Bracing to stop or slow scoliosis curve progression is a treatment for certain types of scoliosis.

To work well, doctors typically recommend bracing while your child is still actively growing and not yet skeletally mature. Your child’s doctor can help determine their skeletal maturity.

The decision to perform corrective scoliosis surgery depends more on the type of scoliosis a child has and the severity of the curvature than their age.

Some children born with congenital scoliosis may need corrective surgery very early on in childhood. Most teens with idiopathic scoliosis will not require surgery, but those who do may not need it until closer to adulthood.

How serious is scoliosis in kids?

The great majority of children with scoliosis, especially idiopathic scoliosis, will not require treatment and will not have serious complications.

Sometimes, scoliosis curves can cause concerns with back pain or self-image as a child ages.

Less commonly, scoliosis curves become severe enough that they risk progressing throughout adulthood. They could also cause issues with lung function. In these more serious cases, scoliosis surgery can help.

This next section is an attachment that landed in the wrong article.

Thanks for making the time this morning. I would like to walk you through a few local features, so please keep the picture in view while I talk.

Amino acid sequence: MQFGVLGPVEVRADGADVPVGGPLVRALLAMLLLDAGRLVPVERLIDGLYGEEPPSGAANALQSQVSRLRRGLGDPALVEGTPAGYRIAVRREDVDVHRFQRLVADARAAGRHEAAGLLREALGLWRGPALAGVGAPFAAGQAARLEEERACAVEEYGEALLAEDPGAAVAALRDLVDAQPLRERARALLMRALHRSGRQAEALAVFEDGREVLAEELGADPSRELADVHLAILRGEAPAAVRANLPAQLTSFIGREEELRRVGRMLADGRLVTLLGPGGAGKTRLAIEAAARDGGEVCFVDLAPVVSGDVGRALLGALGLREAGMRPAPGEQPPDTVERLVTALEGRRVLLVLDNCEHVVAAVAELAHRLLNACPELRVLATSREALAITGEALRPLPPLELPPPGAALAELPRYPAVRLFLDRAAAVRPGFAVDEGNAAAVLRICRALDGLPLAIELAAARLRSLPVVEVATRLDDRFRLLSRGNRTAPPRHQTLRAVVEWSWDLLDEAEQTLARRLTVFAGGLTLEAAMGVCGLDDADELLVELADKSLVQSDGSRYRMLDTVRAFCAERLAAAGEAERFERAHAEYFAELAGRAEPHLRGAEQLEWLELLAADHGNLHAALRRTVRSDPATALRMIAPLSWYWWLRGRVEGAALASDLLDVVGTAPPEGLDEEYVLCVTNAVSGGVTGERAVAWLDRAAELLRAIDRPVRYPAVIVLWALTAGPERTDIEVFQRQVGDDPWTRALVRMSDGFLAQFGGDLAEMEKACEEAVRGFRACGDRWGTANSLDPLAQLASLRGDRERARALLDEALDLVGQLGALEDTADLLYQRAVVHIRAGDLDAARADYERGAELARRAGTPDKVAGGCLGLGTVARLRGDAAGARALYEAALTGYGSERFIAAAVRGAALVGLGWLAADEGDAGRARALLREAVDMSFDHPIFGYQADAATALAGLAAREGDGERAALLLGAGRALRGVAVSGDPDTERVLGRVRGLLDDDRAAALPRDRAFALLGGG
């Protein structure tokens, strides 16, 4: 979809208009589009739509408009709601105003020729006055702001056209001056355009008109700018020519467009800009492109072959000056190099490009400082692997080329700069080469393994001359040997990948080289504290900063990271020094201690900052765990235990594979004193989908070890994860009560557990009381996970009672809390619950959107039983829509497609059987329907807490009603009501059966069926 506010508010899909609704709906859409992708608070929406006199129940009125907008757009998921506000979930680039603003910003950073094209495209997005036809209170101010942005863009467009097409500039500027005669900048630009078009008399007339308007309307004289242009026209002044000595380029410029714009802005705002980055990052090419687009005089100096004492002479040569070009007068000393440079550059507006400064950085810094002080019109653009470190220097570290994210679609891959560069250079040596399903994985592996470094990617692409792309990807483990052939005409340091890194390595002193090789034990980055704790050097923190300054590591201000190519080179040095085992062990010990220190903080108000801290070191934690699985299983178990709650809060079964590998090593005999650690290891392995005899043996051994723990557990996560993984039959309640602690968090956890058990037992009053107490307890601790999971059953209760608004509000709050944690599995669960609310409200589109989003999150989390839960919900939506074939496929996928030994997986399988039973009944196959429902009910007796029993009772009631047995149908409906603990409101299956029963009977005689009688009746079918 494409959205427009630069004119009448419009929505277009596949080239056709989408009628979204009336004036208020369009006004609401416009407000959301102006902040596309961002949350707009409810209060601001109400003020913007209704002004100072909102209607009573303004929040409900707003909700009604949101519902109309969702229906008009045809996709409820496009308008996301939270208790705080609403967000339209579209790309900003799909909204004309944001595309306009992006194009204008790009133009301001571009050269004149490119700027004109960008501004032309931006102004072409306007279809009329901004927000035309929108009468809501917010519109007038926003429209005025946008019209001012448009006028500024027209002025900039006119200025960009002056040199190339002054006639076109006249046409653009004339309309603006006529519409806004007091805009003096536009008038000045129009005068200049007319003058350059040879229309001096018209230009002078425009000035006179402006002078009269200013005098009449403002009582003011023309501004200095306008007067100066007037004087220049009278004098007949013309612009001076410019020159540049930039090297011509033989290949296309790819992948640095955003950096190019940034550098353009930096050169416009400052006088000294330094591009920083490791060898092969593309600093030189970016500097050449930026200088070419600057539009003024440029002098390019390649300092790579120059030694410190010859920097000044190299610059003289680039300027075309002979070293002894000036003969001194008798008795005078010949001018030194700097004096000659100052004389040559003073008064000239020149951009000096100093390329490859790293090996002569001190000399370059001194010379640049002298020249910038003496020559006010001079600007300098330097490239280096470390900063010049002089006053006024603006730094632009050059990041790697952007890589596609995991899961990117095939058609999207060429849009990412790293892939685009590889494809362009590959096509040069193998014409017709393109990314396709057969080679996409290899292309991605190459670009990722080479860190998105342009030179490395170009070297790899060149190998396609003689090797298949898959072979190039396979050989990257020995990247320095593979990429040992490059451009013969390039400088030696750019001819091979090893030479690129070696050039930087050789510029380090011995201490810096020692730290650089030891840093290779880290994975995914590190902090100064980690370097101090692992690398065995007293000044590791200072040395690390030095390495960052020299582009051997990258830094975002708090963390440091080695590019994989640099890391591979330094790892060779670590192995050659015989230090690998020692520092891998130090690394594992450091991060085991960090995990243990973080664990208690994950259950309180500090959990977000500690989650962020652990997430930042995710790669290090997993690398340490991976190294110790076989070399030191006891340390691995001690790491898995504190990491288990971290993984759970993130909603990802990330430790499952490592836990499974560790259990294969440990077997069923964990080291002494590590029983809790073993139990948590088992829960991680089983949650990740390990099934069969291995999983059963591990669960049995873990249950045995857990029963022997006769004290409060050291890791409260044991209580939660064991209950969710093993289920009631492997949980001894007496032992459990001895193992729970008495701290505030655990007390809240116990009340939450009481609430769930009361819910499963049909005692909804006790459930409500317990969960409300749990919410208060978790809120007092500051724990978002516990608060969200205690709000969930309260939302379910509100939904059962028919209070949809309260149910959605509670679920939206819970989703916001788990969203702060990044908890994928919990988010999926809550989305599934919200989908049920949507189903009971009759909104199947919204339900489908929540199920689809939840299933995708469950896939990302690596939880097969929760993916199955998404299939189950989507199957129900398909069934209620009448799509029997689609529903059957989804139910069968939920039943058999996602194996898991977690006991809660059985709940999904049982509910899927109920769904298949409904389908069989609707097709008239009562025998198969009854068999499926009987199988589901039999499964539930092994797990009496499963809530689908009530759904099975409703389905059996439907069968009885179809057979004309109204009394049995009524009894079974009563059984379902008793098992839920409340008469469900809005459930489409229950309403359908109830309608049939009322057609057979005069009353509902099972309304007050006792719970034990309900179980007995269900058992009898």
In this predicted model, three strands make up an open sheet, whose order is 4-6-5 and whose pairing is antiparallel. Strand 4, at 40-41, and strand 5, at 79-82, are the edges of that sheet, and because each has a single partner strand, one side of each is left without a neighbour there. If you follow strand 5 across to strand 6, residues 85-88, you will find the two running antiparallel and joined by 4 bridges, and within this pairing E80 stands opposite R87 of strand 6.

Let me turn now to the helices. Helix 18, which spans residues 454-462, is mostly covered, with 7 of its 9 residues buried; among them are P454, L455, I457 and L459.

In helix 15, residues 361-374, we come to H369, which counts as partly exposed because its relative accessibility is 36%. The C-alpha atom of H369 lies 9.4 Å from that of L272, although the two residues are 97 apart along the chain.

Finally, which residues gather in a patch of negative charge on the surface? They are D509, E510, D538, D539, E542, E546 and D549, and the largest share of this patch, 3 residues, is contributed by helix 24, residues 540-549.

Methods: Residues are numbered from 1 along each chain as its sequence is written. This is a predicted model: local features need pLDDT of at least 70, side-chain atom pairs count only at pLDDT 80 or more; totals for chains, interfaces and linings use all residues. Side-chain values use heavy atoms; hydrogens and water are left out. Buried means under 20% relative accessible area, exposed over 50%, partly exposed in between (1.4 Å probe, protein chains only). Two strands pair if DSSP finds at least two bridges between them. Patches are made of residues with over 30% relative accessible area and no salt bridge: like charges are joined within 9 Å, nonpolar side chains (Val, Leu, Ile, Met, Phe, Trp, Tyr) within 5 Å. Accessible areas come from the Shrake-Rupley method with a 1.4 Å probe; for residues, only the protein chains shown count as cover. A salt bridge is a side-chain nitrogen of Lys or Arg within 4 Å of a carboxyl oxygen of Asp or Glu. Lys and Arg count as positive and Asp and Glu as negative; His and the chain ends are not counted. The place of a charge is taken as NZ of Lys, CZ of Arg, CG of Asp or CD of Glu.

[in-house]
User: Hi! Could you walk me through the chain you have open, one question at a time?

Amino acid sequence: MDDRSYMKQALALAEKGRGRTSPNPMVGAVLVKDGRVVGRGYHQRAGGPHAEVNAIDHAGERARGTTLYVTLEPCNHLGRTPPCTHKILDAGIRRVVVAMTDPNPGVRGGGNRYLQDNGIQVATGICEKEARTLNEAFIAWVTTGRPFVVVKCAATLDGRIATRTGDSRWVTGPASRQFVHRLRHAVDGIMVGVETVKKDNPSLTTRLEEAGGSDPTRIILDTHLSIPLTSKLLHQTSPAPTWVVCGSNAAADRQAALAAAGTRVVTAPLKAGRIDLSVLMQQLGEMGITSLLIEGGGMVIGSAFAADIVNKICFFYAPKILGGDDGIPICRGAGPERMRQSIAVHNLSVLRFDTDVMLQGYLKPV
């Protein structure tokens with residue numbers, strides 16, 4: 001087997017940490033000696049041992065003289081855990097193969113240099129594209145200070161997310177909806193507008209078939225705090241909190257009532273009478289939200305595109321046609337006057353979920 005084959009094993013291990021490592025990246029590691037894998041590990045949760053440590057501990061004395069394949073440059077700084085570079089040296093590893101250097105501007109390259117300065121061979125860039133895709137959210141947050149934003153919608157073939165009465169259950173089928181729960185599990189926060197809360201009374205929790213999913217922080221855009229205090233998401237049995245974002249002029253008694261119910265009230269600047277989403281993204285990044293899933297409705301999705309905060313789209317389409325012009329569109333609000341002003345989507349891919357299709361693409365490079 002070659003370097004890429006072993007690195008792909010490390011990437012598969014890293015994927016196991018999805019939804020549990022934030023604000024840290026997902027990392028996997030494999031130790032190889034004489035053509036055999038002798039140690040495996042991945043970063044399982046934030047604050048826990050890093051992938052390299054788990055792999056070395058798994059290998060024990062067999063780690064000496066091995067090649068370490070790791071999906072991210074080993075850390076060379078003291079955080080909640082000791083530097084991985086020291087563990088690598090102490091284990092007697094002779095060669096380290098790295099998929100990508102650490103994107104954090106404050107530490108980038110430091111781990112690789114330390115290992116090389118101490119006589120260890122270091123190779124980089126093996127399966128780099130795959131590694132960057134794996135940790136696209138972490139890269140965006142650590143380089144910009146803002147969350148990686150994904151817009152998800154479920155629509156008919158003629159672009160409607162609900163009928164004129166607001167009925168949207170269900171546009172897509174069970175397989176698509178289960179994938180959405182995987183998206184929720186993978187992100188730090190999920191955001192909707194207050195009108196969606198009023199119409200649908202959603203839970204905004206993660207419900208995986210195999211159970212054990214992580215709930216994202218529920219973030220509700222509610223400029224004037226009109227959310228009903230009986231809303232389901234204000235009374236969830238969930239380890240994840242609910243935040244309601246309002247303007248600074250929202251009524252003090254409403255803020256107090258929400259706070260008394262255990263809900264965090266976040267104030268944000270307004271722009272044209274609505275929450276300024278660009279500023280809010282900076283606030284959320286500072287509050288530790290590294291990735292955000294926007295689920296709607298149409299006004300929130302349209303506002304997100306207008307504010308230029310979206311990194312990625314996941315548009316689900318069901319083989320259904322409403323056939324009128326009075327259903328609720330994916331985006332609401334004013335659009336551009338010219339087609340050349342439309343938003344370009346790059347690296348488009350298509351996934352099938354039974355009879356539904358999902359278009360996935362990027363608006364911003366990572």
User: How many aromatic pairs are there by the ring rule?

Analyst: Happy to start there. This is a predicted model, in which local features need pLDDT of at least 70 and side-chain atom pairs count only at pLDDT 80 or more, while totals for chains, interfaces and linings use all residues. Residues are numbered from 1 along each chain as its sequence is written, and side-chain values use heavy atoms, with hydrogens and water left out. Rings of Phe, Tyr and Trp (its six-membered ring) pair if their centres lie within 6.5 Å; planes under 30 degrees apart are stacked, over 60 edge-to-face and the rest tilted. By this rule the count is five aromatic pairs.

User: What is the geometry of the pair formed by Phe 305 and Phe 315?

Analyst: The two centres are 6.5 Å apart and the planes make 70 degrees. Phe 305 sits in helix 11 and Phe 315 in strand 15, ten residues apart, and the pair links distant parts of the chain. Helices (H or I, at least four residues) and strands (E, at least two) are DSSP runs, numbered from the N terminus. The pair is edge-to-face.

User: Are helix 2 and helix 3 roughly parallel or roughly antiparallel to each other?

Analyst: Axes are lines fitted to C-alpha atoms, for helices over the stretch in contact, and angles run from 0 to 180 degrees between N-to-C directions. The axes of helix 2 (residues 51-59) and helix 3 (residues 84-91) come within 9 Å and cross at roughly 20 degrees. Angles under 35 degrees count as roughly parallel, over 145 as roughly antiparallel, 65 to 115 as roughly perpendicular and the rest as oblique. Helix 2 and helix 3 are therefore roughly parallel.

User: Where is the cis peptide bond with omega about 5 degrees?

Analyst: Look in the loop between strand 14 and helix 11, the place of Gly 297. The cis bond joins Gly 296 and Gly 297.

Scoliosis is an atypical sideways curvature of the spine that occurs in about 1-3% of children.

The most common type of scoliosis is adolescent idiopathic scoliosis. It usually begins in late childhood or the early teen years. Experts have not identified a specific cause of this type of scoliosis, though it can run in families.

Most people with scoliosis will not require treatment. Yet if the spine curvature is progressing on X-rays or is severe, a doctor may refer you to a spine specialist who can help treat the condition.

When needed, scoliosis can often be treated with bracing. Sometimes, doctors recommend scoliosis surgery to stabilize the spine and help correct the curvature.

The great majority of children with scoliosis grow into adulthood without any serious functional impairment.